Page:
Remember, the going rate for complaints of “I don’t get poetry” is two for one, two bits of analysis for each complaint.
Here’s the Charles Bukowski poem I mention down thread,
as part of our discussion, The Unofficial Poet Laureates of Los Angeles
Our other two discussions this week are:
Writing Papers Redux
Lions and Tigers and Poems.
1.The Unofficial Poet Laureates of Los Angeles
Wanda Coleman has been called the Poet Laureate of Los Angeles. Charles Bukowski, most famously known as the Poet Laureate of Skid Row, has also been called the Poet Laureate of Los Angeles. Bukowski died in 1994 but lives on in his reputation and writing as the same cantankerous old dude he was when alive. We lost Coleman in 2013. How is it that these two, racially disparate as they are, in a town where, as we have learned, racial differences matter a great deal, how is it that these two share the crown of Poet Laureate of the city of Nuestra Senora Reina de Los Angeles? They’ve found a common ground, or at least their audience has. What are they doing right? What do they do that might set an example to those who have failed to unite Los Angeles?
To help us “hear” these artists, I’ve included a Bukowski poem, above, and I encourage you to find and share links to Coleman reading her work online (there are many instances of her work available via MP3 sites, and rather than choose for you, I thought I’d give you a chance to see, or hear, what you like, please share a link to what you found). The Bukowski poem is not L.A.-related on its surface but it offers powerful insights into the personality of its creator. How does hearing their voices flesh out your understanding of our unofficial laureates and the city itself?
2.Lions and Tigers and Poems
Use this space to reflect on the poetry we have read and heard and particularly the poems about Los Angeles. I particularly invite you to share your own selections. If you want to share a poem about Los Angeles, be sure to introduce the discussion of it and include a link or the poem itself in the body of your post.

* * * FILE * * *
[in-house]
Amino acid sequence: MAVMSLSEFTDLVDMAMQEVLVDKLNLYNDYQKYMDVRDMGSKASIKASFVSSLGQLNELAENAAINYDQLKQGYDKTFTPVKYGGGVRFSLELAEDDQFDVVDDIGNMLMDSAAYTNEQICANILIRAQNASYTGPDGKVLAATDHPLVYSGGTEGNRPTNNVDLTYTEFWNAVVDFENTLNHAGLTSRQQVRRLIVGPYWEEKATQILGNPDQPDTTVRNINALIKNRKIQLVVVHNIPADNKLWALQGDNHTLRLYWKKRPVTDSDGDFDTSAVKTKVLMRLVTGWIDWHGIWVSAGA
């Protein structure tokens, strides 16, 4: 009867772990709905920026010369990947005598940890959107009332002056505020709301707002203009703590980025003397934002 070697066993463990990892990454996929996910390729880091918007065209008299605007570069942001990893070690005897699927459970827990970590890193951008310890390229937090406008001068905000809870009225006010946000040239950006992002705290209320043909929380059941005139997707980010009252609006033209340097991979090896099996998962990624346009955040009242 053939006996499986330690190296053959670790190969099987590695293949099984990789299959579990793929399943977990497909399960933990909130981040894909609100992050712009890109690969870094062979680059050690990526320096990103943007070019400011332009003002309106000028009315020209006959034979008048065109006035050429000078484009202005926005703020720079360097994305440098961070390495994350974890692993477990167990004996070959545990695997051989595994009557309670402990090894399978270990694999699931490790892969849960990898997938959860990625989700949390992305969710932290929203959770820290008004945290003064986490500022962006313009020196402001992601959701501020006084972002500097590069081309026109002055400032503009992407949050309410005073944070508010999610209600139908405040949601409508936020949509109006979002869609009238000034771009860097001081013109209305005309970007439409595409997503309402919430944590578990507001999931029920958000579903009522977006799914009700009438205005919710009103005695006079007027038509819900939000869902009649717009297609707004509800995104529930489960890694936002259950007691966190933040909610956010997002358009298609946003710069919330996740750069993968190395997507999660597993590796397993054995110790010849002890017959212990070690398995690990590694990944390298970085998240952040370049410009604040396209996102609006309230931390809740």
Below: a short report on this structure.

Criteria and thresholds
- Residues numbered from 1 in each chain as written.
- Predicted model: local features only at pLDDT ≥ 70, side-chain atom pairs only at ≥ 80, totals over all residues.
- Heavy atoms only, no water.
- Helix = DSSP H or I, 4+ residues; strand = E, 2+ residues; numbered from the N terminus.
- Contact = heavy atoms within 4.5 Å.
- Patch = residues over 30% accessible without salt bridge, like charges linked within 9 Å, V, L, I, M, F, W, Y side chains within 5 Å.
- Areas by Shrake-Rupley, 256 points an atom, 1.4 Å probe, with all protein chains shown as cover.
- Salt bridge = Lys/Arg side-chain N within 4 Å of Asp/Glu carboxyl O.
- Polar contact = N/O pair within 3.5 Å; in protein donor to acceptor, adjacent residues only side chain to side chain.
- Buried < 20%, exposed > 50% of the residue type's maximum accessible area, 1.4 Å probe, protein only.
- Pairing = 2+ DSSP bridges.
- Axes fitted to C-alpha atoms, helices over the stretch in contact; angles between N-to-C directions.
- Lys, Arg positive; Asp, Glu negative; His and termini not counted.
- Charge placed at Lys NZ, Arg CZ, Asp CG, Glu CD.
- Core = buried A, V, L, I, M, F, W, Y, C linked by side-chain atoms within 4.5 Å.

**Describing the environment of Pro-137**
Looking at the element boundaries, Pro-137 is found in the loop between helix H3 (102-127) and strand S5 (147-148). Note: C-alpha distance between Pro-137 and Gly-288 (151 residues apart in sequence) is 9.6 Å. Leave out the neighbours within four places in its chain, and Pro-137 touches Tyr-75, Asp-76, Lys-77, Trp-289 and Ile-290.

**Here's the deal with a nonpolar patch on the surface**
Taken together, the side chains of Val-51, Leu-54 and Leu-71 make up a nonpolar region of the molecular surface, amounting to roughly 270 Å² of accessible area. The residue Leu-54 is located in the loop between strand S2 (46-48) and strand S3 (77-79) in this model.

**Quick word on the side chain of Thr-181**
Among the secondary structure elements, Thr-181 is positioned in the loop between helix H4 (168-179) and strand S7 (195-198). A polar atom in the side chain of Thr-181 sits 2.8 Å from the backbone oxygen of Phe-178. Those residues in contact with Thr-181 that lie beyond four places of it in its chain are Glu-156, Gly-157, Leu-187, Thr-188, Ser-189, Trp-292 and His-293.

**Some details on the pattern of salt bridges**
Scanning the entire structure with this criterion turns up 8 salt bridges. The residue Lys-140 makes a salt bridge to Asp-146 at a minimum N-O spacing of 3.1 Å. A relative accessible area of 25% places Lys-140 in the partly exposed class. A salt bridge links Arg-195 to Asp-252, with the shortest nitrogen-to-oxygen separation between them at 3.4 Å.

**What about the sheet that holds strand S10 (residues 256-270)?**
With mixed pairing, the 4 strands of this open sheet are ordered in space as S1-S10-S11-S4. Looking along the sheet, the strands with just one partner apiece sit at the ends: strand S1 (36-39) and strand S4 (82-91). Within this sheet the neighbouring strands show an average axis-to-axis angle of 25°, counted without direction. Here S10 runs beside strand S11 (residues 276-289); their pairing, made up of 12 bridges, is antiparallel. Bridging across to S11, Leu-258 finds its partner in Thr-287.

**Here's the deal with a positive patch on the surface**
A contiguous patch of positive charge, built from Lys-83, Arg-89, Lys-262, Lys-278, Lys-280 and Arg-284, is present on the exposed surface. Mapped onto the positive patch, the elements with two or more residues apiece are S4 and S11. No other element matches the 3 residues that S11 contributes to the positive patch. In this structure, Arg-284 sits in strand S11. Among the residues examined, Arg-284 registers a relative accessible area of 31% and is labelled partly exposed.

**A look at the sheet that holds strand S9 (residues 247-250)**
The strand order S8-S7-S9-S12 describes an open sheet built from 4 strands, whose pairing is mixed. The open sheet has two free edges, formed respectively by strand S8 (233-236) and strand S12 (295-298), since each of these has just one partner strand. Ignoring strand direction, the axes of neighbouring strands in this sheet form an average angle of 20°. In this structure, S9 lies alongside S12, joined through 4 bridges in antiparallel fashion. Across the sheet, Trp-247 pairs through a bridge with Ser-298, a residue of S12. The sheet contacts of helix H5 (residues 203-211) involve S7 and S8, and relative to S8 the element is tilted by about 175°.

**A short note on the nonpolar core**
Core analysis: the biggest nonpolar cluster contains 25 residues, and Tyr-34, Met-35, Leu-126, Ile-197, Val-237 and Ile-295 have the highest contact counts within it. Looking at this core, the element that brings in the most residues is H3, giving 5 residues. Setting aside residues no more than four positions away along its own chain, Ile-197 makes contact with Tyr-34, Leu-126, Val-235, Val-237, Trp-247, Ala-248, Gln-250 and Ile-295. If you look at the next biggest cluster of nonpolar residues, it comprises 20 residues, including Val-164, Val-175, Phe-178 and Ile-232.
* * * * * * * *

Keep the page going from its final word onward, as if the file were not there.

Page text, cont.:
Jump in with whatever feels important to you to say about any of the poems and poets we have read, but don’t limit yourself to likes and dislikes. Share what you like or don’t, if you must, and then move on to share some analytical thought about the works. Consider form, language, and metaphor. Consider author perspective.
Some starter thoughts: Reznikoff and Brecht, like William Faulkner and many writers of their time, came to Los Angeles as exiles in one form or another. Reznikoff’s exile, like Faulkner’s, is self-imposed, we might say, or we might think of these artists as economic refugees seeking the freedom that money can bring. Both came to work in the film industry. Brecht also worked in the industry but his exile is political. How do these factors inform their work?
Finally, please don’t be intimidated. You do not need an MFA to discuss poetry, as a reader, you are the expert of your experience.
3.Writing Papers Redux
The basis of most of the world’s troubles are matters of grammar. – Miguel de Montaigne
Almost two papers down, leaving only two to go. What are you learning? Remembering? Are hoping to forget? The lessons learned on composing critical essays here will serve you well throughout the rest of your college career. In most of your future classes, literature especially, your teachers will know your work by the quality of your papers alone. What are you struggling with? What comes easy to you? What new tools have you found? What new questions do you have?
Let’s discuss the final paper topics here as well. Please take a good look at the final paper prompt and share what you are going to write about here as well as respond to the topics proposed by others. This is the place to share your ideas and expertise on foundations for papers and next week we’ll hammer out thesis statements from the topics introduced.
As in all of our threads, please answer each others’ posts and offer your thoughts and encouragement.